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Wc are Here to Help Clay City, the Surrounding Country and Ourselves.
PUBLISHED EVERY THURSDAY.
CLAY UITY, KY, THURSDAY, AUGUST .17. J 91 6.
tor . a
if.:H-bfiI Snow Creek Church.
I Onhhuridrc'd vcars- ago the old
V j, yasjjft iiquriBiiiiiE- orguiuzuuuii vi
6? thhait. Ajmovemcnt however
nas: uepn suiriuu- jo. ruviyi; una
T". -C. 'i t..i!..L.tE'U-
, cnurcn, ann aimosugyougic" niuiiuy
Jms .bqe.tf promised wbmld a house,
- ' Manjr-of 'tholicst people who. ever
. liycdsm'this county fere buried in the
- ' Sfj 6Jfc', mlr nT.nS.ti vnnl Tliia
place 6& burial hnC recently been
fenced arid clearcd'oiT. C. C. Dan-
jjpl who tiwns the. ' adjoining land,
.;will giye'tbore grqund to the old
'.fsite'rand help to finance the undcr-
fii" this connection it may be in
tercstihe to state that the editor
has in his possession, handed down
to him from his great great grand
daddy Niblack a" bcund volume of
the Methodist Magazine published
in 1825. Written in the back of
"this book we find this inscription,
legibly penned, in ink:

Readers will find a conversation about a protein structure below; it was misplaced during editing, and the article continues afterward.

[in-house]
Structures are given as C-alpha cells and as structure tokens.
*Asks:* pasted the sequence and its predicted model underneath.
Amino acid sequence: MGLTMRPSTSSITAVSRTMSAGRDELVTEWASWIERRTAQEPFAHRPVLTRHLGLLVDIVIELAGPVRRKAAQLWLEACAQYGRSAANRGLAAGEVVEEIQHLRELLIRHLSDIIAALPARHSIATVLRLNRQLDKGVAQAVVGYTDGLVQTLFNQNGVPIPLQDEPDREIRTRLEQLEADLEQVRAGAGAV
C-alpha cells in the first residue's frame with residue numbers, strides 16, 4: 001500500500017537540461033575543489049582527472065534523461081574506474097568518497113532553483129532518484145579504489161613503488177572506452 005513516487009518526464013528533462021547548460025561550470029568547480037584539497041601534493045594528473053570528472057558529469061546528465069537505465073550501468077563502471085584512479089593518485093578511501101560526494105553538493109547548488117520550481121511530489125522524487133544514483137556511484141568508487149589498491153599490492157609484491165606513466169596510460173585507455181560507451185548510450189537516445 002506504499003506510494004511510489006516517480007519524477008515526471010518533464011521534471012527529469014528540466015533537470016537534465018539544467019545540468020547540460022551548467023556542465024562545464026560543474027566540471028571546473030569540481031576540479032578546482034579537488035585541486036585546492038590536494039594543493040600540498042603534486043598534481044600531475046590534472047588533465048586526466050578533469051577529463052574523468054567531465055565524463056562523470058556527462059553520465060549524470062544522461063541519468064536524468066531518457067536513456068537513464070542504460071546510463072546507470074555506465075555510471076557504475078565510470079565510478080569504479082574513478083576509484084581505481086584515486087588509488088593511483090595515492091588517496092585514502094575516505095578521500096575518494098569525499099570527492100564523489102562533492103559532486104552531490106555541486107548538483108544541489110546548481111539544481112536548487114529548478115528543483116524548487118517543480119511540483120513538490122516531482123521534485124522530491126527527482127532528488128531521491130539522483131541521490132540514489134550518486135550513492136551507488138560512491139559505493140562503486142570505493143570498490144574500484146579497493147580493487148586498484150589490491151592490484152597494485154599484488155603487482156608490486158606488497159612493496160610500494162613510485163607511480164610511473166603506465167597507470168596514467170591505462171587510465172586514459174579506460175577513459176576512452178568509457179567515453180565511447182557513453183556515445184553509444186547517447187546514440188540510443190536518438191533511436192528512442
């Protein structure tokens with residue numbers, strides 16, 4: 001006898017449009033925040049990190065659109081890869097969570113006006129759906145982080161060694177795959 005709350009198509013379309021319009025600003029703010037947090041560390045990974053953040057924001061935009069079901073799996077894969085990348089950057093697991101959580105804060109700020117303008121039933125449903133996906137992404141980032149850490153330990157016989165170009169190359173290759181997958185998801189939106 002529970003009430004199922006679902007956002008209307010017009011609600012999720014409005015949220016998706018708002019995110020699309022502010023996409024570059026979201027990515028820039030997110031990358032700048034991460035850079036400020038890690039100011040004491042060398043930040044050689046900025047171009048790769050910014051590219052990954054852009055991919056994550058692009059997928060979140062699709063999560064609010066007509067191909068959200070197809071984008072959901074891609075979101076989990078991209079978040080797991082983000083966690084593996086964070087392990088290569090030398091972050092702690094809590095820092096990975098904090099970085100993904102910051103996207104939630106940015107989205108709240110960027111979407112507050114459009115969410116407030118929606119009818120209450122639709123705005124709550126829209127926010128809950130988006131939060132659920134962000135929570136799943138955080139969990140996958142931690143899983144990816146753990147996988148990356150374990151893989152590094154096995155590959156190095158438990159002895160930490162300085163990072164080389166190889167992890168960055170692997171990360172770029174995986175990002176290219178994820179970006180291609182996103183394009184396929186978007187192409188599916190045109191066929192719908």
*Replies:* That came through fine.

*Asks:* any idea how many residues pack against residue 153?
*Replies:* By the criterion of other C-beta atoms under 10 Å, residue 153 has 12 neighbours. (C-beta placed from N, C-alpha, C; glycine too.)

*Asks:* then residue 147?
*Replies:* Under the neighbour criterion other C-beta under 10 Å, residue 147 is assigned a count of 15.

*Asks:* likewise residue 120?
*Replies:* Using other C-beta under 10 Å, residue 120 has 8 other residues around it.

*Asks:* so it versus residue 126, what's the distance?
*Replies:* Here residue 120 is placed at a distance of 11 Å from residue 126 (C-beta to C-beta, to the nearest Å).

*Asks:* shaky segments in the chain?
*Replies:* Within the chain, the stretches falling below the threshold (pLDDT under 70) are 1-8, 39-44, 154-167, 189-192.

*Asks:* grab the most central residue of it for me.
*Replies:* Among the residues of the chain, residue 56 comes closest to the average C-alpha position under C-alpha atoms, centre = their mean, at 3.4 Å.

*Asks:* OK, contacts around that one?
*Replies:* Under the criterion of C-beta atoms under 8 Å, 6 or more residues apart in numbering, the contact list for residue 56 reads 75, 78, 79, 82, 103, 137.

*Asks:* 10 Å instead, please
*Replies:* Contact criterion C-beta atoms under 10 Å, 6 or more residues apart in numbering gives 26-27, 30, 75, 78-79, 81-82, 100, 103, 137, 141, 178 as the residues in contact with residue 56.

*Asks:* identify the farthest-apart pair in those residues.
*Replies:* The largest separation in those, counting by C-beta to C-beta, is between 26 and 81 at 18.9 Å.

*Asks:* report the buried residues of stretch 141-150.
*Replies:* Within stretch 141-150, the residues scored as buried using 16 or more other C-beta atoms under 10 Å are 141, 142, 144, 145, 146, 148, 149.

"May the 9th, 1835": In the year of
our Jord, 1KJ5, Sunday school commen
ced at Snow Creek meeting house, first
Sabbath in May.".
The Rev. Peter Akcrs was then
1 the minister on the "Lexington Cir
i ;Ot cuit as is recorded by this old high
Vvly prized volume. This Rev. Akers
: Mnva'sii great uncle of Mr. J. W. F.
" ; i!mimS "ost valuable and hon-"jrablc-
ilttaclie ,of this office.
jft t -.i - Work Starts on Koads.
LlV t Ttu4- itnKAdo Miff tnt in T?cf ill .Ann.
ry Elder Geo. ,W, Mcrntbsli'lifts be-'
cun the improvement oi uiat
stretch of rough road along his
farm. He is nutting down bed
rock and grading up the road, and
graveling it, making a first-class
road of its kind.
Elder Mcintosh so improved a
' portion of this road two years ago
on his own responsibility, and
' therefor received the thanks of hun